A CUMBRIAN woman has shed light on a moving chapter of Carlisle's history.

Lindsay Farrer, 43, has researched the events that led to the death of her great grandfather, Alfredo Pieri - when the ship he was sailing on, the SS Arandora Star, was torpedoed by a German U-boat on July 2, 1940.

Last week marks the 80th anniversary of the tragedy.

There was controversy over the sinking as the ship wasn’t displaying the International Red Cross symbol, which shows that civilians were on board, access to lifeboats was obstructed by heavy wire mesh and it was sailing without an escort.

Alfredo, who was born in 1898, was a hard working, and well known, Carlisle trader.

An Italian immigrant he came over, with many others from the Barga area of northern Tuscany, about 1920.

He set up a sweet shop, and a chippy, in Denton Holme, together with an ice cream selling business which was done using a horse and cart.

The chippy bore his family name until its closure in 2018 and had been run by his two sons Ronnie and Fred until 1985 - it was famous for its patties, a potato dish which included ingredients like meat and cheese.

Alfredo, along with the other men from the Italian community, was interned when Mussolini's Italy joined the Second World War, on the side of the Nazis, in June 1940.

Despite living in Carlisle for decades was considered to be an enemy alien and put on board the ship, which was travelling from Liverpool to Canada, on July 1.

The ship had 1678 Italian internees and German prisoners of war on board.

About 734 of them were Italian.

On the second day of its voyage it was torpedoed by a German U-boat off the coast of Ireland.

The British press at the time said 470 Italians and 143 Germans died.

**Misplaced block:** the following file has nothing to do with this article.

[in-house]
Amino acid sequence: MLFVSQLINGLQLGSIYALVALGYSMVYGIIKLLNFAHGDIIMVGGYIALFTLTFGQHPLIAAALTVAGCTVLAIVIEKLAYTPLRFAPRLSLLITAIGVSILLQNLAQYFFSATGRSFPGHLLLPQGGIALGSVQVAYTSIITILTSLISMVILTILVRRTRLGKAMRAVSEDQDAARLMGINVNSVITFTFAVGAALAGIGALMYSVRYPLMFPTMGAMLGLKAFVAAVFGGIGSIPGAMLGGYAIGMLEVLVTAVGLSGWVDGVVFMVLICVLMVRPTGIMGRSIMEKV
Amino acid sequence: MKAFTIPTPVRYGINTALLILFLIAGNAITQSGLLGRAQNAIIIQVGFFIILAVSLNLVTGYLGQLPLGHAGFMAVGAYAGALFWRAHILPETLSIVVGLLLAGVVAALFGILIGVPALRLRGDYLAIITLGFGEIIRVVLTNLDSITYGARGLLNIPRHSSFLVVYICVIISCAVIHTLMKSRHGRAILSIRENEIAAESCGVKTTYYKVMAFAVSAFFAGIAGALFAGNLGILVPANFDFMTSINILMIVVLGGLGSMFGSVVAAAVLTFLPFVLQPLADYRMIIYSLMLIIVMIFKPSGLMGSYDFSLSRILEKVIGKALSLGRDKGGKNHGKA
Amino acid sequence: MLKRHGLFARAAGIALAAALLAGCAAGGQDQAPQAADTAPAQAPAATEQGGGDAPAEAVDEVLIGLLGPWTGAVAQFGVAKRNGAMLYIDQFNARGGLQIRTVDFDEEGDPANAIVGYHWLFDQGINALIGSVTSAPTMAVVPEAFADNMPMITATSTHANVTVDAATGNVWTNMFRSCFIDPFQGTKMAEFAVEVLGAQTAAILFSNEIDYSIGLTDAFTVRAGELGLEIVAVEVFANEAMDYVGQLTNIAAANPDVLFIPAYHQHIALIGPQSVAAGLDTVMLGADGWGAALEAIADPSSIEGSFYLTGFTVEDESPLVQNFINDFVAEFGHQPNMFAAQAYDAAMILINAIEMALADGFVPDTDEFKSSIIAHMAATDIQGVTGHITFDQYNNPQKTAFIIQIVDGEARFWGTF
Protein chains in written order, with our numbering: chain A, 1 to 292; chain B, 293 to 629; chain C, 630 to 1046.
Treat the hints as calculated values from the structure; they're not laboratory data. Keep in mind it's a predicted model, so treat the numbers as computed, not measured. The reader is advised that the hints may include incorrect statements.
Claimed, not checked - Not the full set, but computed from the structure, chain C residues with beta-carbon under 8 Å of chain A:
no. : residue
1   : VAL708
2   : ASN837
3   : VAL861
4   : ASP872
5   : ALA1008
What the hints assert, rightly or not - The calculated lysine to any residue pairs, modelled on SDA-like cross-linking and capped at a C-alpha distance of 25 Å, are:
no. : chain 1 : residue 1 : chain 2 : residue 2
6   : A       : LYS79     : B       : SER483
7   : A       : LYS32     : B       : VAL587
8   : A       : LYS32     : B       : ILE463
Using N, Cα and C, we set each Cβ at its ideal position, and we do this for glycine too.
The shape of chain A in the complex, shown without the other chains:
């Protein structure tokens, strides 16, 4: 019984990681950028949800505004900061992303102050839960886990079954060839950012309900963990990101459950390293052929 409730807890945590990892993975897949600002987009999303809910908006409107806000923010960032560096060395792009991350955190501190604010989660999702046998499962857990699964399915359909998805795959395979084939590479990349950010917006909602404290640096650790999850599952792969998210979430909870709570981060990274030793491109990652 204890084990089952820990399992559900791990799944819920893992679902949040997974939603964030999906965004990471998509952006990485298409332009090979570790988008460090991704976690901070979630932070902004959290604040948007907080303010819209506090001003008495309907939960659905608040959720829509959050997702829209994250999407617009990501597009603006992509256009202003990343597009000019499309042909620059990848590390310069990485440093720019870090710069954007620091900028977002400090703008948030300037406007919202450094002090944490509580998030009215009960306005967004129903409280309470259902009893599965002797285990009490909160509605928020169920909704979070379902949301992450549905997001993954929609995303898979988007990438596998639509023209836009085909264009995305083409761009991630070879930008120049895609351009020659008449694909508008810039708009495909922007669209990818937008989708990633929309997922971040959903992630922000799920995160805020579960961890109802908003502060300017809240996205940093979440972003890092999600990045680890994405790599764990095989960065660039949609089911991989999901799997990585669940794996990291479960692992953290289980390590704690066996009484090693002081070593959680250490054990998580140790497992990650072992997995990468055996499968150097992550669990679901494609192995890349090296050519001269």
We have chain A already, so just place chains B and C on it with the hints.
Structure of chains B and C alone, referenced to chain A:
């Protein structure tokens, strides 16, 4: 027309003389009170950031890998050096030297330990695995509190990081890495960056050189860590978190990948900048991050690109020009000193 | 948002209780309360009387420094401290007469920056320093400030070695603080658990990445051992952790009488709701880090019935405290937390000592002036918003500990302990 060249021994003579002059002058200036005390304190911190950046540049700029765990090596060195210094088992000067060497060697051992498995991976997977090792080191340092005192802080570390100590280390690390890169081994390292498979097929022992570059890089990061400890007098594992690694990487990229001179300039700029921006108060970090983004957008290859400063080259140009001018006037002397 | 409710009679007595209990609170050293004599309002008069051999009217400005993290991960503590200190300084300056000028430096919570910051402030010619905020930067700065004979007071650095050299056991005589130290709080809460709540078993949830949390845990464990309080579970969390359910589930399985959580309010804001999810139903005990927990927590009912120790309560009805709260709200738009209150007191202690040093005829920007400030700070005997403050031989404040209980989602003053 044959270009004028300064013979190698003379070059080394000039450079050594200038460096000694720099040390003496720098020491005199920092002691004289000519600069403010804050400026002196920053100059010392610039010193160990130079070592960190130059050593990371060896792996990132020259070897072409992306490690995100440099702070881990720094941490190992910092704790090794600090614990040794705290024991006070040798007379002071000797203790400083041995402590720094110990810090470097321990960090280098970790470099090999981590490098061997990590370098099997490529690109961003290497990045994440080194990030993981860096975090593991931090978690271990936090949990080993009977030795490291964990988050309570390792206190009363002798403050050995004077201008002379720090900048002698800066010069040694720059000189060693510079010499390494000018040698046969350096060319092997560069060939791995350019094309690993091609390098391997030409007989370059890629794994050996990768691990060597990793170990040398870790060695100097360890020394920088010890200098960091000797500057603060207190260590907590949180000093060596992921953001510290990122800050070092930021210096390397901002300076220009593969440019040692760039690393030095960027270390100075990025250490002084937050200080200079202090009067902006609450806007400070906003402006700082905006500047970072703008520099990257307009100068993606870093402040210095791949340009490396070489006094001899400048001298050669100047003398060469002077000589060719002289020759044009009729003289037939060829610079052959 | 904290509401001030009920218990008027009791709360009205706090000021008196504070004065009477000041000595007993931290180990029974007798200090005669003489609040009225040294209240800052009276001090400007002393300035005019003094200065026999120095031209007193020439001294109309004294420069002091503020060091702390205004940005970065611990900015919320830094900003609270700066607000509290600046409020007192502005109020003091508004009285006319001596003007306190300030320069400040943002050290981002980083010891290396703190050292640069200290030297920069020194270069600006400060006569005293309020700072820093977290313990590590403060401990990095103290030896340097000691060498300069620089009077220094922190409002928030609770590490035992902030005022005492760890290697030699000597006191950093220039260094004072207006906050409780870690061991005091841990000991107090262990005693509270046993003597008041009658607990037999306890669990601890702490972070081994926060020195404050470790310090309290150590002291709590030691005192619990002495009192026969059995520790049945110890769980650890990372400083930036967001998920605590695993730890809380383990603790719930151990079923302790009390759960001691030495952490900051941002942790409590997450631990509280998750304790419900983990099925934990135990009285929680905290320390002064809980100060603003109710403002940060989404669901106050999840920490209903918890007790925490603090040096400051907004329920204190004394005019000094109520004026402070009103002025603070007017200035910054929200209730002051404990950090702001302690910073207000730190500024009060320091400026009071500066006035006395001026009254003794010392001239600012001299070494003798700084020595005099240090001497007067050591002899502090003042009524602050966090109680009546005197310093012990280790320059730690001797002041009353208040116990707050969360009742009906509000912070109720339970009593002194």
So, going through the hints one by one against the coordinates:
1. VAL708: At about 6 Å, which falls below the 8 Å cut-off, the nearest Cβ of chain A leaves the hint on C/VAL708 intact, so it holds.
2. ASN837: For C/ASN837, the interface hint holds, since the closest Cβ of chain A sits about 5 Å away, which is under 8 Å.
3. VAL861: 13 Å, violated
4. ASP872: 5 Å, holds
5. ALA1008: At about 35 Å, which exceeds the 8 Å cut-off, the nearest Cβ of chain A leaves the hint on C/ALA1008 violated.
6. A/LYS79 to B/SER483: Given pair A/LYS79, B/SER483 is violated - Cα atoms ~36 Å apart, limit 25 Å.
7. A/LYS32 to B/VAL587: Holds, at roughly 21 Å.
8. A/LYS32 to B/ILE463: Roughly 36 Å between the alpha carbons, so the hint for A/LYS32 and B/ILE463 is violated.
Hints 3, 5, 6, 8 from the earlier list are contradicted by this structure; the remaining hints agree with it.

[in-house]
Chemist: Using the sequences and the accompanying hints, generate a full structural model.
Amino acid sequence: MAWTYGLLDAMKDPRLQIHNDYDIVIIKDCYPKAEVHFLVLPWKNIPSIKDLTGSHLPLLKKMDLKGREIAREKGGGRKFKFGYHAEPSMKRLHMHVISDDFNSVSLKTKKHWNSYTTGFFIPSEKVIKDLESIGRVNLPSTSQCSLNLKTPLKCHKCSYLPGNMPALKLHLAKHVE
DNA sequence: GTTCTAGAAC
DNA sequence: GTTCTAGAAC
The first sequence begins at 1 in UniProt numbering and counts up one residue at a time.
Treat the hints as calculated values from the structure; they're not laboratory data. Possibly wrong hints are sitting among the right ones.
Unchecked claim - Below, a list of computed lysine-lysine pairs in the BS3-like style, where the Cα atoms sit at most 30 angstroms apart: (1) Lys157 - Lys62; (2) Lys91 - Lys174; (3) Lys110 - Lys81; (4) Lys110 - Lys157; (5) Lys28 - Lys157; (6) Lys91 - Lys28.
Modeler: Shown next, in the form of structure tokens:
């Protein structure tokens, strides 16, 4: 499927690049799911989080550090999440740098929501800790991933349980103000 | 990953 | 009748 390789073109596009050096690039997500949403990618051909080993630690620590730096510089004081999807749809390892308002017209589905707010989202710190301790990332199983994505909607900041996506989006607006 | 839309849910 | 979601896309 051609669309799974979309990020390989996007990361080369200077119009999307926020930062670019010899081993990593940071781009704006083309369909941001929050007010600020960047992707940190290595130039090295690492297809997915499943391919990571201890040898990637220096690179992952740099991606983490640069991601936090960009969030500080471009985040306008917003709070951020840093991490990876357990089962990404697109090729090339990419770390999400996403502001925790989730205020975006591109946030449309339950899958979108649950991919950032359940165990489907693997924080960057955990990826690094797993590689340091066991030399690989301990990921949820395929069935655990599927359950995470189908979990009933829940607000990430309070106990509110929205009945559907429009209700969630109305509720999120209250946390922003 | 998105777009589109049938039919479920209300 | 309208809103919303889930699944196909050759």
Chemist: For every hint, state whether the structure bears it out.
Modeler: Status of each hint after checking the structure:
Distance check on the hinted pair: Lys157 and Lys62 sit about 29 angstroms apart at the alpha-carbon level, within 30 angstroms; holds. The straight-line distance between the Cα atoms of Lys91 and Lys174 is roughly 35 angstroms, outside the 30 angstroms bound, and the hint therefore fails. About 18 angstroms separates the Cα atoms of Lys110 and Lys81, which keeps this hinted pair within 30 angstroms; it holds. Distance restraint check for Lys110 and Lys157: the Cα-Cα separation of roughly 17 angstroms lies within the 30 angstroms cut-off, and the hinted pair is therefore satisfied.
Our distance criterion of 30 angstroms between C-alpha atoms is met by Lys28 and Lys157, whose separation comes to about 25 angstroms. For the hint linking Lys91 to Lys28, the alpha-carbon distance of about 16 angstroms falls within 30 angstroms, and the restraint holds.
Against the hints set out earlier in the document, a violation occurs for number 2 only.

He was declared missing, presumed dead - his wife Elda was left heartbroken but never gave up hope.

Lindsay said the fear and paranoia bought on by Italy's declaration of war resulted in the family facing a torrent of abuse, threats and property damage.

The accountant and mum-of-two, from Agionby, near Carlisle said: "What happened seems so unfair.

"His sons, my grandad and his brother, were both serving in the British Army at the time, leaving his wife, my nan, who was also Italian but was a British citizen, at home.

"I've found out about this over the last 10 years where I became more interested in the Arandora Star.

"There is a big memorial in Glasgow and one in Barga.

"We wanted to go to Glasgow for the 80th anniversary but we couldn't because of the coronavirus.

"He was about 41-years-old when it happened.

"My great grandma never really accepted it.

"When they rescued the Italians internees they shipped them back to Liverpool, some went on to Australia instead but others went to Canada.

"It's quite strange because after that great grandmother suffered racist abuse, they had their windows broken.

"I think a lot of British people were probably quite scared with all these Italians in the community, they had been friends with these people.

"It is very interesting to hear what they all went through but it's also really sad, those left behind in Carlisle found it really hard."

Lindsay, who's been married to husband Stuart, 51, for 14 years, has been teaching her children Louisa, 12, and James, 10, about their family history during lockdown.

She added: "They have been doing the research and reading about it themselves, they are equally fascinated.

"They've already learnt at school about World War II.

"They have a British and Italian side, many assume that you just have British side.